Cumin crop faces severe weed competition at all stages of growth because of its slow growth and short stature The crop should be kept free from weeds. Generally, according to weed intensity adopt 2 inter culturing followed by hand weeding at 25 and 40-45 DAS. Thinning should also be done during the first hoeing and weeding to remove the excess plants. For effective control of weeds spraying of Pendimethalin @ 1.0 kg a../ha or Terbutryn or Oxcadiazone @ 0.5-1.0 kg/ha as pre-emergence in 500 L of water is recommended. At the time of weedicide application, sufficient moisture should be present in the soil.
Mechanization: Some machines were developed for easy cultivation.
• Sowing. Use seed-cum-fertilizer drill specially modified for sowing of seed spices.
• Inter-culturing. Use of improved wheel hoe for cost-effective energy saving.
• Harvesting: Use Navin sickle.
• Threshing: Use modified thresher.
Diseases and pests
Aphid: Both nymphs and adults cause serious damage at the flowering stage of the crop by sucking the cell sap Avoid late sowing, Install yellow sticky traps for monitoring incidence of aphid @ 10 traps/ha.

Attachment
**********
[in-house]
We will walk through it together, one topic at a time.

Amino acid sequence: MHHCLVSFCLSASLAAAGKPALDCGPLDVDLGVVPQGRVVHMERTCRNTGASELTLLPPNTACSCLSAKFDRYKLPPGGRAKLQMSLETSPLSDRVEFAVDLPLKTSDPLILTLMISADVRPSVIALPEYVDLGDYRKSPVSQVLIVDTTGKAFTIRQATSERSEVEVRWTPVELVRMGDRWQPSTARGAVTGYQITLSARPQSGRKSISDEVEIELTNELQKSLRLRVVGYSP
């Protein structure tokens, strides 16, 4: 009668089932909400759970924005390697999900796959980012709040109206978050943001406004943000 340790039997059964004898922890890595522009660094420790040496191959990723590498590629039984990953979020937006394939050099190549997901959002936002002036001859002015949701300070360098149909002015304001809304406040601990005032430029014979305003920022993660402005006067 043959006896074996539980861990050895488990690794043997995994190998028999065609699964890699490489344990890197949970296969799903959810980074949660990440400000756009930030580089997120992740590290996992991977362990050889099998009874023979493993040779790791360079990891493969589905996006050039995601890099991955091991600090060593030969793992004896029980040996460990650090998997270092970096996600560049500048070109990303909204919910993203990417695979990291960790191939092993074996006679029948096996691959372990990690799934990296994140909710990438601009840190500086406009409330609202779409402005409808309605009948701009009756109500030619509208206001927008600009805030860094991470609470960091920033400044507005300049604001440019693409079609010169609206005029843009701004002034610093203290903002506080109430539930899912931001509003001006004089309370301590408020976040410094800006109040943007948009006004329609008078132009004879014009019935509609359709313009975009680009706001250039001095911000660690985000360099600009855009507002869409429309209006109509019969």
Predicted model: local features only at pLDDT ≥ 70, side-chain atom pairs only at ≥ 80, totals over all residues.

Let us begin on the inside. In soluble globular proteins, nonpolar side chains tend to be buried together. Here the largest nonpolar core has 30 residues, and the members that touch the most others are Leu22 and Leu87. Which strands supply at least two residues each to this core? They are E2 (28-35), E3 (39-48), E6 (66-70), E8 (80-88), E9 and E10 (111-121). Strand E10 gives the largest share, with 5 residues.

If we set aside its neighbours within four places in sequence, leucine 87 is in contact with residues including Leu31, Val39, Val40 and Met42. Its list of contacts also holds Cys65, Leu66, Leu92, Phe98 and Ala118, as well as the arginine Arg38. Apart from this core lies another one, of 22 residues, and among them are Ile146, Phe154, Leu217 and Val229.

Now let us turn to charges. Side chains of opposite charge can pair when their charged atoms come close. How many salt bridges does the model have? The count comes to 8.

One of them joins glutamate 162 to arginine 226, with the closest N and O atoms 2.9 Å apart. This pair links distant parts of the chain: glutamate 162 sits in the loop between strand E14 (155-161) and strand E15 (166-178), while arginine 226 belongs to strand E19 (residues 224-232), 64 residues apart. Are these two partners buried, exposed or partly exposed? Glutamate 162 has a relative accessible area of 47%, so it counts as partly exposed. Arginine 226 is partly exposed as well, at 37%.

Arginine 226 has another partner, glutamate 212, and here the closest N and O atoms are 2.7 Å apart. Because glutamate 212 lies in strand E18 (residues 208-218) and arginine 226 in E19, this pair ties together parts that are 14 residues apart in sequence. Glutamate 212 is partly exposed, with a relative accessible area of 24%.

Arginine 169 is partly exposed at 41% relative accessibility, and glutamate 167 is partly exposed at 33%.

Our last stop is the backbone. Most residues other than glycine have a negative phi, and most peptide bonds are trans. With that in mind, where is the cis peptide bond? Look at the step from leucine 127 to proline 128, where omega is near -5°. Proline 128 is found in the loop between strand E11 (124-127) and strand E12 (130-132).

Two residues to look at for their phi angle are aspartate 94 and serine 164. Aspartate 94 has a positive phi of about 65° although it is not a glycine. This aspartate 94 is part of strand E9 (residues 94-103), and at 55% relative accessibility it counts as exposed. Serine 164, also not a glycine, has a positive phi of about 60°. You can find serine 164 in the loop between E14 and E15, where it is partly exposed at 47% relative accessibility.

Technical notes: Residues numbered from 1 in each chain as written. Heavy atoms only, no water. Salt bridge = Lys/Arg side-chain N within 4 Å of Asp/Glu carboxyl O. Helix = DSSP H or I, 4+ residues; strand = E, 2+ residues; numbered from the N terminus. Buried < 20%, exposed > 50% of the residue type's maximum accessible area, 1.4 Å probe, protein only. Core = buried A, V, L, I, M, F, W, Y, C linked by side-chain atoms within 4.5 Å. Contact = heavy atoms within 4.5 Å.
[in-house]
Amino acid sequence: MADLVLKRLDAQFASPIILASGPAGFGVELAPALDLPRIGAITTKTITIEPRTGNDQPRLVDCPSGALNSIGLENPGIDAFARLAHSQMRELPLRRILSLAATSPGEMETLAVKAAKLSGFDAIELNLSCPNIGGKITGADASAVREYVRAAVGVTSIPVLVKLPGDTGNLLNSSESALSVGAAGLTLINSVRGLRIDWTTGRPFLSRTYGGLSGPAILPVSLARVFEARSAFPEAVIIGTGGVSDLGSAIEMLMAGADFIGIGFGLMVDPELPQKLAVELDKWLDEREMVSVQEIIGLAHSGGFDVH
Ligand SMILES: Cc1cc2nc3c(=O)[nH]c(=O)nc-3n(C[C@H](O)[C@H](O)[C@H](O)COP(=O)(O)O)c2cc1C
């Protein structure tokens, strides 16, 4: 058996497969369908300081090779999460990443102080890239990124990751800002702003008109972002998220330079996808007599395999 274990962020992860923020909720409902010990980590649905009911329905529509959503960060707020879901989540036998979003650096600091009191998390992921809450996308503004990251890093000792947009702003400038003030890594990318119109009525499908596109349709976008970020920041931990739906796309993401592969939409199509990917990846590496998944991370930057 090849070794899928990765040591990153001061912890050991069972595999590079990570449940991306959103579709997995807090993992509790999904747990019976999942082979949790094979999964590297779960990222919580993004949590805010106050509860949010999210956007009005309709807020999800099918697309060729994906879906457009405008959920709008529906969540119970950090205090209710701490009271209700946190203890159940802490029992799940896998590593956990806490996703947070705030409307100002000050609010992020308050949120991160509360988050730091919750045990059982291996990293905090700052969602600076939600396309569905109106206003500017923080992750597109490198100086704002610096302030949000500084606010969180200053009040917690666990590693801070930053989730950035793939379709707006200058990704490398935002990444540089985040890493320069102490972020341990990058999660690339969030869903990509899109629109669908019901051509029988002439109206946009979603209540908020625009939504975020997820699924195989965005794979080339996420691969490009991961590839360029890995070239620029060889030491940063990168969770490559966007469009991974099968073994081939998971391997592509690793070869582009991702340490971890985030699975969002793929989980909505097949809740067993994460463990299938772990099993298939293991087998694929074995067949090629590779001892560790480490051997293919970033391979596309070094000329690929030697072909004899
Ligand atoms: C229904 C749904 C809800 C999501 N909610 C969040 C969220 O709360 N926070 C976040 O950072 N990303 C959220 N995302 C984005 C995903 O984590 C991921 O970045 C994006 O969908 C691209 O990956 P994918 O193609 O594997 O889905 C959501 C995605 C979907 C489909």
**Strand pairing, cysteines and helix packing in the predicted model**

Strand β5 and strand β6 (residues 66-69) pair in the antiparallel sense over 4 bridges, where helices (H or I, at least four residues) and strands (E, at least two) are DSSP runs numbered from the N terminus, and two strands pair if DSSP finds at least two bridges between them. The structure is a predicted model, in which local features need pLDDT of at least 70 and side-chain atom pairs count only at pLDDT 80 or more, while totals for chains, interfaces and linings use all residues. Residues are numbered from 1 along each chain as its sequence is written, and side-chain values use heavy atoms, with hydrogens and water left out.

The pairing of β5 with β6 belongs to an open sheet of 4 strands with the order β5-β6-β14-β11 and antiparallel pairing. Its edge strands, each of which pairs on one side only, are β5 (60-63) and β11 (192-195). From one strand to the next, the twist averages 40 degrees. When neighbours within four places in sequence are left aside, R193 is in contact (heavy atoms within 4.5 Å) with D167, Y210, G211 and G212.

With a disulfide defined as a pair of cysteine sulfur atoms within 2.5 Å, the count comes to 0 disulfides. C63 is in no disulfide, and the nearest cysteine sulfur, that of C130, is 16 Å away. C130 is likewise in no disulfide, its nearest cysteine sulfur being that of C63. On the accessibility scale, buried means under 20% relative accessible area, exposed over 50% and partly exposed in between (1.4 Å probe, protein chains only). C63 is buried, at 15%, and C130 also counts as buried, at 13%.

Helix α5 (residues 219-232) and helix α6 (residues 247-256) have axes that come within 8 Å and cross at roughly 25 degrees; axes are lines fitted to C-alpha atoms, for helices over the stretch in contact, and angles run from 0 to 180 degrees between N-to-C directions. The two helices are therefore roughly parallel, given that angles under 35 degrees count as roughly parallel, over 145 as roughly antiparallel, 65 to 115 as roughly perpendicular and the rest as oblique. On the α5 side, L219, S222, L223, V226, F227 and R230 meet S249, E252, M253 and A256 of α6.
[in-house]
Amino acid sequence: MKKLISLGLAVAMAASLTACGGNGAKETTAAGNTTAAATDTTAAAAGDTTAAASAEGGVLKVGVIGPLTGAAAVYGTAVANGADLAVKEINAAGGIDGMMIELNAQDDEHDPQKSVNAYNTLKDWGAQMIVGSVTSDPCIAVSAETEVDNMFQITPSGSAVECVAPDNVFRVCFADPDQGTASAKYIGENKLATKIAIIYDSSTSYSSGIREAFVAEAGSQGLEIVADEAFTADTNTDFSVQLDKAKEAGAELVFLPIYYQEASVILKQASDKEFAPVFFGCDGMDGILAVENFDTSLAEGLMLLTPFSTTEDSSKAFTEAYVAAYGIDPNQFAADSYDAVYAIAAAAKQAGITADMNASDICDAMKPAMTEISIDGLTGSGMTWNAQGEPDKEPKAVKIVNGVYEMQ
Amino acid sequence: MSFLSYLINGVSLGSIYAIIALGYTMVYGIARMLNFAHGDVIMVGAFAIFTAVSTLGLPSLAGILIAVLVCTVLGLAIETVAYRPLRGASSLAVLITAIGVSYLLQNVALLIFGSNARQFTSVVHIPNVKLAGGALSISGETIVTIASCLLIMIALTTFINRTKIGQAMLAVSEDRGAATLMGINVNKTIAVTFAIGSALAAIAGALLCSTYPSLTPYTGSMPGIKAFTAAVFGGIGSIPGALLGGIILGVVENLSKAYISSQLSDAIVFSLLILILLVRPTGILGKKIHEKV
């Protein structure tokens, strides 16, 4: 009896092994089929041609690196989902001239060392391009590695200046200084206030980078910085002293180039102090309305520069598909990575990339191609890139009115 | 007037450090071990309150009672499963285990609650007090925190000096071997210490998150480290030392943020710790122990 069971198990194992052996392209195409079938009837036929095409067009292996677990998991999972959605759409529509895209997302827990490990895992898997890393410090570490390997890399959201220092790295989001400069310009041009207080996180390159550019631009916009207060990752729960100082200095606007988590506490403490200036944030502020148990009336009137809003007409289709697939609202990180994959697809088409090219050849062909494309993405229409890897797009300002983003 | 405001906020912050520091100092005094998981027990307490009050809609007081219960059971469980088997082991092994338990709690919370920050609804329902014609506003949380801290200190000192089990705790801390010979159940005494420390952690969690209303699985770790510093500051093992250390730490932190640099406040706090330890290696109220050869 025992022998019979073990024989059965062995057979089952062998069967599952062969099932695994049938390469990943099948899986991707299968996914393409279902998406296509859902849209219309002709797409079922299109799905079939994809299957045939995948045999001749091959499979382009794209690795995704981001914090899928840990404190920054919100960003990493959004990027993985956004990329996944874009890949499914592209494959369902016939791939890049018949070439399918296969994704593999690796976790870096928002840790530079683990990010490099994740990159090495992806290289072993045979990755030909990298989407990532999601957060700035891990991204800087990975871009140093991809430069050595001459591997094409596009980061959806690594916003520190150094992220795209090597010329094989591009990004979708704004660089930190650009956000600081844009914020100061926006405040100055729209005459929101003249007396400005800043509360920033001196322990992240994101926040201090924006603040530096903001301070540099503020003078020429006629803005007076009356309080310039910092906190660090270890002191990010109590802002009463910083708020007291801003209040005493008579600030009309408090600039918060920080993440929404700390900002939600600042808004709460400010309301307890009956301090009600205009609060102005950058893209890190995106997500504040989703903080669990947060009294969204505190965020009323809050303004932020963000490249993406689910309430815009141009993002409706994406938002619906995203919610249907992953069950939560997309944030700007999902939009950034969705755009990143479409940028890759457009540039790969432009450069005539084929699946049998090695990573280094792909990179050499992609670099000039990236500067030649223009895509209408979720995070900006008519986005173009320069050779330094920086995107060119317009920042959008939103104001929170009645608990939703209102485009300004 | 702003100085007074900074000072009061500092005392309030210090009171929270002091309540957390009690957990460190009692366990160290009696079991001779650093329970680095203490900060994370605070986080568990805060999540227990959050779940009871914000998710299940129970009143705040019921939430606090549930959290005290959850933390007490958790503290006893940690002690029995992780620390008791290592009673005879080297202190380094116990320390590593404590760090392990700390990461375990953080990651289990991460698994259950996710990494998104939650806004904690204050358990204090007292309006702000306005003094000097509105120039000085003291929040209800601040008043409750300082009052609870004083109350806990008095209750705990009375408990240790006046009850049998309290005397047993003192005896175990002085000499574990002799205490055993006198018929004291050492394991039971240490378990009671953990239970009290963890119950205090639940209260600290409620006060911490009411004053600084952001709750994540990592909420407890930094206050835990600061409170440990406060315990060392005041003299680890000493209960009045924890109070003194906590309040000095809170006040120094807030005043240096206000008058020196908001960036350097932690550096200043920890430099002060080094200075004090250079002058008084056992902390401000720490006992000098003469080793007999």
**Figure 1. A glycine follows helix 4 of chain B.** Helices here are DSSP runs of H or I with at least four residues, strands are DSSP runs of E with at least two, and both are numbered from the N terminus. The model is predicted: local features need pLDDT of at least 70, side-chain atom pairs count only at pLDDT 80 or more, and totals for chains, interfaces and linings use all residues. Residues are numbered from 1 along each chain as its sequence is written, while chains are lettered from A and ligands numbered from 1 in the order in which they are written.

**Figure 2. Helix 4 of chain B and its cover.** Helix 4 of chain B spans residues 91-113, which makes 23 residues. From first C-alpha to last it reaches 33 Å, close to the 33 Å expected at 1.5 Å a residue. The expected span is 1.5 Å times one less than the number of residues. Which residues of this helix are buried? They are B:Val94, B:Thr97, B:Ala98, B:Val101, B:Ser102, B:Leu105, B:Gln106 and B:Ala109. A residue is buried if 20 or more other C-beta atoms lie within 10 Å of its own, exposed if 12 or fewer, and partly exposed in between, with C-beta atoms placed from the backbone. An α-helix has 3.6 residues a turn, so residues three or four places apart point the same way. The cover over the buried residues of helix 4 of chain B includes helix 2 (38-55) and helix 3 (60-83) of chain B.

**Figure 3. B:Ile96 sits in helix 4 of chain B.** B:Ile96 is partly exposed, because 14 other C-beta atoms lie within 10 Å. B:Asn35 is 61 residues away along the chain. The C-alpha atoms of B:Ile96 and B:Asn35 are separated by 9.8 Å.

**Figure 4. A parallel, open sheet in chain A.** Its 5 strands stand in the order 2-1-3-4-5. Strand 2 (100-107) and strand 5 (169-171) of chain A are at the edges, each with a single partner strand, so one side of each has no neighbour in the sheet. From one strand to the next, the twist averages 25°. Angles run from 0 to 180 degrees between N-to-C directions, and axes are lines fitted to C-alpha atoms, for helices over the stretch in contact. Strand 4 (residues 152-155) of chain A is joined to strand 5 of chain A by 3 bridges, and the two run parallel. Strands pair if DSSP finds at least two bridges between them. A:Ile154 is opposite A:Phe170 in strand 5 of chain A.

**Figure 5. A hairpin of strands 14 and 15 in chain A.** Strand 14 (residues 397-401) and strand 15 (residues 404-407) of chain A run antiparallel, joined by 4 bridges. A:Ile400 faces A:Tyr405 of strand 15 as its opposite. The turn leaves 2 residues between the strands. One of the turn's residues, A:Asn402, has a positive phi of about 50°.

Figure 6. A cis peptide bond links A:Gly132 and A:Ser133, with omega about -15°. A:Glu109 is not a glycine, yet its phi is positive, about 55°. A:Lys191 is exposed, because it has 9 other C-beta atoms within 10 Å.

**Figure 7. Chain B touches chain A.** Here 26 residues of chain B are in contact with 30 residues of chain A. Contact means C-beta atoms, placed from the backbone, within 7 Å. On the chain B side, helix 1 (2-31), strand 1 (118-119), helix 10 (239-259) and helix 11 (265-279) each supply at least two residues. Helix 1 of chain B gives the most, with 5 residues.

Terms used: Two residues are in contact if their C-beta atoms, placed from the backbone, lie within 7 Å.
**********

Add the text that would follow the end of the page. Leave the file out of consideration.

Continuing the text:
Thrips: Seed treatment with Thiamethoxam 70 WS @4.2g/kg seed or Imidacloprid 70 WS @ 10g/kg seed is recommended.
Fusarium wilt: Select well-drained field, use wilt resistant variety GC-4, soil application of castor cake/ mustard cake/poultry manure @ 2.5 tonnes/ha and crop rotations like cluster bean-cumin/wheat/mustard can effectively manage the wilt incidence in cumin. Disease-free seed should be used for sowing.
Alternaria blight: Prefer line sowing, inter-culturing twice. Seed treatment with thiram or captan @3.0 g/kg seeds before sowing, spray Mancozeb @ 0.25% 4 times at 10 days intervals commencing from 40 days after sowing. Add 1 ml soap solution/liter water for better efficiency of fungicide. Keep the crop free from weeds.